On December 10, 2013, thousands of South Africans and dozens of dignitaries assembled from around the world.
Among them was President Obama. They came to honor the memory of Nelson Mandela, antiapartheid activist and former president of South Africa who died on December 5, at the age of 95.
The memorial service, however, was marred by the government’s choice of an interpreter for the deaf. The interpreter was Thamsanqa Jantjie, who stood at a mere arm’s length from President Barak Obama, the South African President, as well as other dignitaries. The world was disturbed to find out who the interpreter was. Mr. Jantjie had served a short prison term for several crimes. Additionally, he was determined mentally incompetent to stand trial for others – one of which included murder.
Americans were angered to find out that such an unstable character was allowed to get so close to the leader of the Free World. But the fiercest outrage came from the deaf community who knew that Jantjie was doing nothing but making meaningless hand gestures. He knew almost nothing about signing for the deaf.
When confronted by the media for his fakery, Jantjie was incensed by the accusations. He asserted that he’d been interpreting for major public events for years and that no one had ever complained about his performance.
He confessed that his fatigue and schizophrenia may have caused him to make a mistake or two. But he claimed to be a “champion” interpreter. In reality, Mr. Jantjie was a complete phony. He had only survived in the profession for so long by going unscreened, untested, and unevaluated by those who hired him.i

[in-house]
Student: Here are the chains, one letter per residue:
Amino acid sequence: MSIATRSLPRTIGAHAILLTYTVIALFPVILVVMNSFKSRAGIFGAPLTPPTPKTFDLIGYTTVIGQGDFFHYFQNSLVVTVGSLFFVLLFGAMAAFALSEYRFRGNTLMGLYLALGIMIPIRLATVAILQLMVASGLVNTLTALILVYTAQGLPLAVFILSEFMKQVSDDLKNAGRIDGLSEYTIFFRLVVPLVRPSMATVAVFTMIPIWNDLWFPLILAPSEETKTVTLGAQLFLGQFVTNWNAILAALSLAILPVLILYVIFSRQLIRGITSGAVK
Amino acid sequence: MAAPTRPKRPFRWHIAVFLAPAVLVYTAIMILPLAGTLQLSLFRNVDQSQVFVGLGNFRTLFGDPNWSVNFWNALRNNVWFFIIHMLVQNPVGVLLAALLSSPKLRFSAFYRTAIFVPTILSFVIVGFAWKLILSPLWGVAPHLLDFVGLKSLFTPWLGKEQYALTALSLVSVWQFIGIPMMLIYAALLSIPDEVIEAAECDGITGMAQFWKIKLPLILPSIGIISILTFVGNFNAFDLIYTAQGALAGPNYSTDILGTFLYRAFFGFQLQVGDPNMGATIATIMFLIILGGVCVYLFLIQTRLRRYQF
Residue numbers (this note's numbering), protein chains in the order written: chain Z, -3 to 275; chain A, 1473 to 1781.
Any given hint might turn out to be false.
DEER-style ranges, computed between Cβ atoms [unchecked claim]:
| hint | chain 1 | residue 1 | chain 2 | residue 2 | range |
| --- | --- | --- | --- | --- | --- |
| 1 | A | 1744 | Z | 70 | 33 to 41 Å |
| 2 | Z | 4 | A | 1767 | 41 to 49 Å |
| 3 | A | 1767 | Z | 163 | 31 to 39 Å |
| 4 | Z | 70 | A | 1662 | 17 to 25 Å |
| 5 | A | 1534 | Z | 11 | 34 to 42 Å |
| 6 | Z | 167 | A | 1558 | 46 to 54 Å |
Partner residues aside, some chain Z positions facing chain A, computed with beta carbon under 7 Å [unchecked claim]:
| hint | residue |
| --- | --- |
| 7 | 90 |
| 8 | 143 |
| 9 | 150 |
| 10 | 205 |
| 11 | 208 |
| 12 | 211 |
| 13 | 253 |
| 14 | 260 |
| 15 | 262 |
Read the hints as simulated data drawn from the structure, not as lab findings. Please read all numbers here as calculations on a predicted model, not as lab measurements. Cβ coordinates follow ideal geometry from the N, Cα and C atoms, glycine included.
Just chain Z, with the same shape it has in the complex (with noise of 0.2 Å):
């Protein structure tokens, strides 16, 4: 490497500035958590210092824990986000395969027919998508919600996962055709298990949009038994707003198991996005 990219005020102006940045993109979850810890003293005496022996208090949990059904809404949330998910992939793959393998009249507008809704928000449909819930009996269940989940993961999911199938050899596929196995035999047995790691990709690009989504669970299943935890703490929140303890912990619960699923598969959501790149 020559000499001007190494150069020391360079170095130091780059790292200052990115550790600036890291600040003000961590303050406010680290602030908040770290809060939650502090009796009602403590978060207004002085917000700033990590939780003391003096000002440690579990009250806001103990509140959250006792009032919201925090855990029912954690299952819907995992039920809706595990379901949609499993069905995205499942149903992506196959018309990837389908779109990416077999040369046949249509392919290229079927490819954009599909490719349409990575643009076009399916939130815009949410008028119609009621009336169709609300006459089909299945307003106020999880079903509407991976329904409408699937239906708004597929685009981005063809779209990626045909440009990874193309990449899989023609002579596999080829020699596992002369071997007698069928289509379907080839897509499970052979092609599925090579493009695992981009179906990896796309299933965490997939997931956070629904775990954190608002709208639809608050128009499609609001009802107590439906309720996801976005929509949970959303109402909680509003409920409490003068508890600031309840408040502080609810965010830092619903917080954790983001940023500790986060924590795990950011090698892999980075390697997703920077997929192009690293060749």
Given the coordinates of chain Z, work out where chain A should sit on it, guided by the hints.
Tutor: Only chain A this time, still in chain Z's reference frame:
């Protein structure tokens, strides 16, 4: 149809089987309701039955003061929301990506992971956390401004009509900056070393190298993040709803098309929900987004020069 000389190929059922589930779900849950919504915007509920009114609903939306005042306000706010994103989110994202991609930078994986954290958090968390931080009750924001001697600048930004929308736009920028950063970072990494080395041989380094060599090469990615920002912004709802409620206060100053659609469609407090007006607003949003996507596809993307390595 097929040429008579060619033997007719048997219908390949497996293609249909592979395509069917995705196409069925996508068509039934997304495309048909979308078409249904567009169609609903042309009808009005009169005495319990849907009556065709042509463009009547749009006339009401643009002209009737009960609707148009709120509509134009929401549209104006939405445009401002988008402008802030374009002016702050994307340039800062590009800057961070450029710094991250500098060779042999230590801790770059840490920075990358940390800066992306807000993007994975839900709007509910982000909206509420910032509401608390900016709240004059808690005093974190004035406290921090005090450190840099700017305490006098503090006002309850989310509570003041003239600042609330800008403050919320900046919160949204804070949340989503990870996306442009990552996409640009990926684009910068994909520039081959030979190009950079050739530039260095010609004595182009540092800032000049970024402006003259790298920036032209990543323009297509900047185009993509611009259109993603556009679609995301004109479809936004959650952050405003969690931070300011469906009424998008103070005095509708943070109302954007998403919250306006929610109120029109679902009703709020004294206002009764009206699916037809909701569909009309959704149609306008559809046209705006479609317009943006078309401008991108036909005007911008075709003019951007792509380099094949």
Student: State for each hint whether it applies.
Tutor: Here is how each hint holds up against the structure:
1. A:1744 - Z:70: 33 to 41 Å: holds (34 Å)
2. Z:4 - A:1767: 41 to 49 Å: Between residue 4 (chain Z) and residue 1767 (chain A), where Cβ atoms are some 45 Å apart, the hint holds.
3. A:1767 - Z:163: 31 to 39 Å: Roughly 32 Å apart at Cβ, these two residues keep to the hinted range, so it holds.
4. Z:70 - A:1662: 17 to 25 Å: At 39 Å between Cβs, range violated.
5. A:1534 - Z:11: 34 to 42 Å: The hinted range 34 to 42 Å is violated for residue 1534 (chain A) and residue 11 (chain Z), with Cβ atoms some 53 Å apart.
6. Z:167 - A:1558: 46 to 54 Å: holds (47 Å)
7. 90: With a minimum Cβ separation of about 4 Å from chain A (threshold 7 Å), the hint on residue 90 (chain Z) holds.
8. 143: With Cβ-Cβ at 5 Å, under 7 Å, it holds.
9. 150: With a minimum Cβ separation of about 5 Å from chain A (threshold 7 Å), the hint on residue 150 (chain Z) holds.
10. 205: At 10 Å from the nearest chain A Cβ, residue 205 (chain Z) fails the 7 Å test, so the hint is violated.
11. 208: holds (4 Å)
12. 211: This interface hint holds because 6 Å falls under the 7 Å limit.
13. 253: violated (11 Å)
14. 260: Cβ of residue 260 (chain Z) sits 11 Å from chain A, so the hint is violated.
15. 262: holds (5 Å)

Whether we like it or not, our leaders have the difficult task of enforcing the military’s standards upon us, lest the Armed Forces be riddled with incompetent and unfit phonies like Jantjie. Such persons are servicemembers in name only. They squirm their way out of required training, hardship assignments, deployments, and this profession’s many sacrifices.
I myself am not innocent in this matter. As an old man in a young person’s world, PT and foot marches are becoming more and more of a challenge. But if I choose to wear the uniform, I must meet the standards like everyone else. And while I certainly do my share of griping and complaining, I know that if the standards are not enforced, the Army will quickly deteriorate and fail in its critical mission.
Therefore, accept the discipline that our leaders impose. Accept the hardships that simply come with the territory. Our country is counting on us. It’s security and peace hang upon our superior performance as servicemembers. It is our duty before God.
Dear Father in heaven, awaken me from my selfish slumber and show me the seriousness of my work. Touch and strengthen me, and those I serve with, in body, mind and spirit. Empower us, dear God, and make us all more than equal to the challenge. Amen.